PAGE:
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Comment Re:Don't Do IT! (Score 1) 125

You nailed it! I became a programmer because I like programming and I'm good at it. After 25 years of doing it, I'm better than I've ever been. Why would I waste that hard earned skill and experience for spending all day in meetings?

Comment Hall of Fame with Inductees Everyone Agrees On? (Score 1) 277

Doesn't exist. Look at the Rock and Roll Hall of Fame: https://rockhall.com/inductees.... Do you agree with all of these? Can you name some that should be there, or perhaps should be there instead?

It looks to me like the first 6 inductees are all games even many non-gamers would have heard of. MY MOM knows about WoW, she's in her 70s and the only video game she has ever played is Words with Friends. I guarantee you that she and most people like her wouldn't know any other MMO.

Comment Metric just isn't obfuscated enough (Score 1) 830

Why use a rational system of measure that's easy to remember and based on something useful when you can instead use a system that was (almost literally) pulled out of someone's ass and is different for every fucking thing you do.

Wait, is it 4 ounces per pint or 12 or some other random number?

I loathe the English system or measure for the same reason I hated most subjects in school aside from math: why memorize random facts when you could just figure them out instead?

Comment Re:No thanks. (Score 1) 95

Ok, it's late.

Both of these have made my ability to control my blood sugars in immeasurable ways.

should be:

Both of these have improved my ability to control my blood sugars in immeasurable ways.

Will Slashdot ever get post editing ability? It's a shame there aren't any geeks here to help make this a reality. ;-)

Comment Re:No thanks. (Score 1) 95

Scott is right, I have been hearing about a cure since 1978. There have been 2 big breakthroughs in that time: the insulin pump and the CGM. Both of these have made my ability to control my blood sugars in immeasurable ways.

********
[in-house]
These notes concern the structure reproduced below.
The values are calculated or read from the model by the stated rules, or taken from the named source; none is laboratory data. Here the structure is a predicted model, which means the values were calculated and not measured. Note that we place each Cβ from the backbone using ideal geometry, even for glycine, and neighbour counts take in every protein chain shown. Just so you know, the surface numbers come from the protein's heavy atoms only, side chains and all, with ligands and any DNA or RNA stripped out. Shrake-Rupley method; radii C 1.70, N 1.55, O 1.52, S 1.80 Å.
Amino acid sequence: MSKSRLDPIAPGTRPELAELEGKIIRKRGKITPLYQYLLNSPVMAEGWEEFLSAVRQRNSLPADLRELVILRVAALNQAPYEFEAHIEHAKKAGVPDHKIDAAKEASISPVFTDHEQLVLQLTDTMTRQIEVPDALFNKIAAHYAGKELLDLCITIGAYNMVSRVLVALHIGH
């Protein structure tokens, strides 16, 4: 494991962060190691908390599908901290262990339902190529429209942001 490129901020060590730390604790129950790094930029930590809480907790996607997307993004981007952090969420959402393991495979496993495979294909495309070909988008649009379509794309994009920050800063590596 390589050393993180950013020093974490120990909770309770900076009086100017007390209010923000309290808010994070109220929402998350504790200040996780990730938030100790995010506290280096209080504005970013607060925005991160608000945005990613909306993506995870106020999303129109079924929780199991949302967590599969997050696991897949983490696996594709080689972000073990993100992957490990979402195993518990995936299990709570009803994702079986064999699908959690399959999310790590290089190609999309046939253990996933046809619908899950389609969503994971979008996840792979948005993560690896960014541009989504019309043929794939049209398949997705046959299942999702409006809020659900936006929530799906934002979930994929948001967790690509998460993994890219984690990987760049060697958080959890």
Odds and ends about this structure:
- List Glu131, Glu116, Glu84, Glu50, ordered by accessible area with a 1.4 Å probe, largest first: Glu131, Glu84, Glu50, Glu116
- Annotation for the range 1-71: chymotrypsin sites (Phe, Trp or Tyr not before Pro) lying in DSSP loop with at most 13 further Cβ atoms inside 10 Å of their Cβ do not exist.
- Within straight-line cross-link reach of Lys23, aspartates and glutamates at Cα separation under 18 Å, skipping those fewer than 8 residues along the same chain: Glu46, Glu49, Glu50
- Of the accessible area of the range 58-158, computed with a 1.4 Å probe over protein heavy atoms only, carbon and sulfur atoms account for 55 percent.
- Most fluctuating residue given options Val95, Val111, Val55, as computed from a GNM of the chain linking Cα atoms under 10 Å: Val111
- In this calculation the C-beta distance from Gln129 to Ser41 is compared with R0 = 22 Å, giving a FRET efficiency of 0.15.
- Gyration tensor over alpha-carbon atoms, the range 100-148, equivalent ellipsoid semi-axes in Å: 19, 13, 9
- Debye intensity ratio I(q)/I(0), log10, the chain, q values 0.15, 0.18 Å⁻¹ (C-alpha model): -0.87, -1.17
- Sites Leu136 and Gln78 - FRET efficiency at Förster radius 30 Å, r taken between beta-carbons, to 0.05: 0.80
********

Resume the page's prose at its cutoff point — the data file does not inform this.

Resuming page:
What I would really love to know is why I (ok, my insurance) am still paying roughly the same amount for diabetes supplies as I did 30 years ago: test strips (~$1 each, I test 5-8 times/day), pump reservoirs, infusion sets, glucose sensors ($95 for a 6 day sensor) and let's not forget the $5,000 pump that last 5 years on average, so let's say $1k/year. This is an expensive hobby. It's worth every penny to me, and even after insurance, I average $3-4k/year out of pocket. I wonder how someone who make half what I make pays for this.

My guess is that this cost is largely profit for the manufacturers. After 30+ years on the market, the strips are probably 1 penny or less to produce. There's lot of money to be made perpetuating maintenance of diseases.

Comment Re:Insulin Resistance (Score 1) 95

Same here. I have had type 1 diabetes for 37 years and an insulin pump for 29 years. I also use a CGM. My insulin sensitivity hasn't changed in at least 30 years, except temporarily due to other factors, e.g. if I have a cold or some other infection that makes me less sensitive to insulin (once my sugar was out of whack big time for 2 weeks after a cortisone shot in my shoulder)..

My problem is with low blood sugars. I play a lot of sports and the trouble is that this causes my insulin to affect my blood sugar much more than normally and it isn't something a CGM can properly handle yet, especially with the lag. If I play basketball, the 20+ minute lag of a CGM can men that it thinks my blood sugar is 140 when it's really 50 (way too low). In addition, after shooting hoops or lifting weights, my insulin sensitivity can be affected for up to 48 hours after that.

Comment Re:Marketing hype (Score 1) 75

Mine is extremely accurate when I'm at my desk working or sleeping, usually within 1 or 2 points (mg/dL).

The trouble is when I am active. When I play basketball, the lag between blood sugar and the interstitial fluid the CGM monitors can be extreme, like my blood sugar could be 40 when the CGM thinks it's still 120. The other problems is that in cases like this, I'm not sure how fast either insulin or glucagon can be injected. I mean, it's usually easy to deal with if I play moderately intense sports like tennis or racquetball, but full court basketball or weight lifting can lower my sugar so fast, I even don't always get adjusting for it (by lowering my basal rate and eating proteins and carbs ahead and keeping my basal lower for the next 24 hours) right, even after 36 years of practice.

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